Because Writing is My Therapy…Thoughts on Tragedy and Mental Health

I’ve tried to write this since Friday, struggling to process and put my thoughts into words.

But my heart is so full it aches, and I need to find a place for all that aching to go.  Writing has always been a form of therapy for me, and if there was ever a time for catharsis, it would be now.  So I apologize for being selfish, but this post (this very, very long post) is largely for me.  If you’re patient enough to read it however, I hope that you’ll join me in recommitting to doing all we can to protect all our children.

Friday morning I sat in my son’s kindergarten classroom, my knees to my chest in a child-sized chair, as I led the Christmas activity for the winter holidays’ learning centers.  I keep reflecting back on those darling faces, lit up with the excitement of the holidays.  I keep thinking about my own son’s exuberance as I entered the room, and how he ran to greet me with an enthusiastic hug.  I think about his teacher, how wonderful and sweet she is and how much she gives to every one of those kids.

I finished the activity, gathered my two littlest boys from a friend, and circled back to pick up my older two from school.  Finally home and all  my boys busy, I sat down to my computer and took in the days’ news.

Shock.  Heartbreak.  There really aren’t words sufficient for the task of describing what I read.

I glanced at my boys, cheerfully unaware of what I now knew, playing together and going through another normal Friday afternoon.  I kept thinking of the kindergarten room I had just left, of 23 beautifully beaming faces.  There were miles and miles separating them from another classroom in Connecticut, but, as every parent will say, the events hit much too close to home.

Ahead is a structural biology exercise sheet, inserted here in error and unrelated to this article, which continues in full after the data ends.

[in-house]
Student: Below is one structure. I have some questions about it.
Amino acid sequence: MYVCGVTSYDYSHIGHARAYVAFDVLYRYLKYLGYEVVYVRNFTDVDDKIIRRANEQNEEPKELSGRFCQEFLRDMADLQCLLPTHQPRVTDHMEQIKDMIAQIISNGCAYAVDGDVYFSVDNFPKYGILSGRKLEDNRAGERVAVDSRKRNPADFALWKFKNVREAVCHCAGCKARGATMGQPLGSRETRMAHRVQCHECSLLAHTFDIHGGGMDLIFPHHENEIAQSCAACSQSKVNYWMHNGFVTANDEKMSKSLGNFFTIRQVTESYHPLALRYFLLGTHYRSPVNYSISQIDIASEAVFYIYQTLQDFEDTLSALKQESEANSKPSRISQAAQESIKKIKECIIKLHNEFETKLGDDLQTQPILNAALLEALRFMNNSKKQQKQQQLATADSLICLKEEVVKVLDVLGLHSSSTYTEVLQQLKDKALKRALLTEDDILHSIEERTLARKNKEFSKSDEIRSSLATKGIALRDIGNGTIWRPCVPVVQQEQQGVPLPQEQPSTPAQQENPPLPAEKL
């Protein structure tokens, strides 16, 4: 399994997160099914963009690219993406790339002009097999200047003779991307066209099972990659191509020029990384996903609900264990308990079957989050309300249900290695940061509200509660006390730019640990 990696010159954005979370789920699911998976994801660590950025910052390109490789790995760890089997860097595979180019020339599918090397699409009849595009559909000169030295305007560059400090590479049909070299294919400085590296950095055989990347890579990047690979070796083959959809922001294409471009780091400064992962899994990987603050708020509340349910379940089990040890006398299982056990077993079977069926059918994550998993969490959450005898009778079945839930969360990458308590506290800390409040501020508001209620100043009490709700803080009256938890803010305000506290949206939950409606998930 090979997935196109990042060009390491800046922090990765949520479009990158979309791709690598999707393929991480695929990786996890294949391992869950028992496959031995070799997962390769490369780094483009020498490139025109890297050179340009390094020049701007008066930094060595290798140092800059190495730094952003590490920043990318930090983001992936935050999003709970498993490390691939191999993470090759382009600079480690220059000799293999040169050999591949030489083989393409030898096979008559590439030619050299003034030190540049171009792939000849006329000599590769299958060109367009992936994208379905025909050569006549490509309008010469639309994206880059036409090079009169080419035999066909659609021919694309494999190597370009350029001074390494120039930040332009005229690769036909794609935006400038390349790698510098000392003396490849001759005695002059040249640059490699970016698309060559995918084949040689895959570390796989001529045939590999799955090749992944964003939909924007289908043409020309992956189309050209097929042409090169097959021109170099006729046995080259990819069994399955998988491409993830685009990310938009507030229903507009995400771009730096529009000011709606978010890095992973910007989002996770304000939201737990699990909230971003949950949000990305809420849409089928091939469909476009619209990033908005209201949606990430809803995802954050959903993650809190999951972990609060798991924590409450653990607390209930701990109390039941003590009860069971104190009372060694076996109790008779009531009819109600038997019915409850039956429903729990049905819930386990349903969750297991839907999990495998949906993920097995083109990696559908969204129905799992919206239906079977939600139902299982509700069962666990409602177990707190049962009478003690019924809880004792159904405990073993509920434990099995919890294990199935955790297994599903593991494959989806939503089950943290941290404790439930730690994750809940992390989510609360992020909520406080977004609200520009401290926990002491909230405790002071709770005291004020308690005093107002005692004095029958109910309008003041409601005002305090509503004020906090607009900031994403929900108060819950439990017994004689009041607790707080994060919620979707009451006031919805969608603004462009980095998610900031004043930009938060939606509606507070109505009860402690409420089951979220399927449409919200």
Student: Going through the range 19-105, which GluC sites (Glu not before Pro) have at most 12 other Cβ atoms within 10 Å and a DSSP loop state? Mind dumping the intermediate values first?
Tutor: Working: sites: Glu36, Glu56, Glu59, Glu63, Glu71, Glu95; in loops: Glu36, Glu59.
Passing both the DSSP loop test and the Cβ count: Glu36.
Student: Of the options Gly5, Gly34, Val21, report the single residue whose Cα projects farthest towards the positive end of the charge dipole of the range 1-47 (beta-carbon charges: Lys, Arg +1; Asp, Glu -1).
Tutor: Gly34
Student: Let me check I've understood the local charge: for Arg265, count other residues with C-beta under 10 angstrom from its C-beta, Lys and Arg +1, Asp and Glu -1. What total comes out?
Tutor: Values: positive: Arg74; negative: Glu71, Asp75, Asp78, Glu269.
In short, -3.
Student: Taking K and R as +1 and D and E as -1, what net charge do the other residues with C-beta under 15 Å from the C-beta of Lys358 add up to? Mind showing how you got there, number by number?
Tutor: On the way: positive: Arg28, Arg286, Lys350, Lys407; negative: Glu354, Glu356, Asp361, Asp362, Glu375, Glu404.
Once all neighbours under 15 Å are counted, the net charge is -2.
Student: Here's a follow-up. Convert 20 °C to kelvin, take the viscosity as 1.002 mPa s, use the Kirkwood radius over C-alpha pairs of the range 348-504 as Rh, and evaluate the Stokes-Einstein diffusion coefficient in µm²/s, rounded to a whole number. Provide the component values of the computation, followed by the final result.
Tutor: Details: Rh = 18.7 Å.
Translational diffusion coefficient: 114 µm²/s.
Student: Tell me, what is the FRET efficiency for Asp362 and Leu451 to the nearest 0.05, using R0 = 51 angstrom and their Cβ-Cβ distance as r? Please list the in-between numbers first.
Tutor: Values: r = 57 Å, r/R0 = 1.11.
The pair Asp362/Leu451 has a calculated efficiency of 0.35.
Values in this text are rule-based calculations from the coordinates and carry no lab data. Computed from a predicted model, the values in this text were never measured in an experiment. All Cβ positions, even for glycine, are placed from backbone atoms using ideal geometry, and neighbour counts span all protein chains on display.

As I read reports and news releases, in my mind it was the cozy classroom I had just left.  It was those sweet faces I had seen only two feet away from my own.  It was the nightmare I had tried to tell myself could never happen.

I prayed — and continue to pray — for those families, their community, and our nation.

My mother bear instincts and control freak tendencies kicked into gear.  What can I do now?  What can I do to stop this?

It’s long been my coping mechanism.  When I can no longer bear to think about something that has happened in the past, I look forward and try to find some way to move on.  I have to find something to DO to feel some sense of control.  As much as I and every other feeling person would do anything to change what happened that awful Friday morning, we can’t.  We can only look forward and ask, “What can we do now?”.

I’ve been pondering the question ever since Friday, as I’m sure many people have.  I realized that much of what I need to do are things I’ve been doing all my life, but now I view them with renewed purpose and passion.  Here’s what I’ve concluded — what I’ve committed to do:

I Will Start at Home

My first reaction, as it was for many, is to hug my boys a little tighter.  Talk with them a little longer.  Look at them, really look at them, and love them fully with every moment.

As my friend Rachel at Hands Free Mama poignantly reminds us in her beautiful post, XO Before You Go, I will hug and kiss my boys goodbye, even on those crazy, busy mornings.  As she wisely points out:  “While I can not control what happens when they leave my side, I can control what happens in those sacred minutes before we say goodbye.”  Every parent should read this post.

I will start at home to build boys who will become young men who have been taught to love others, to express emotion in healthy ways, and to live life with a noble purpose.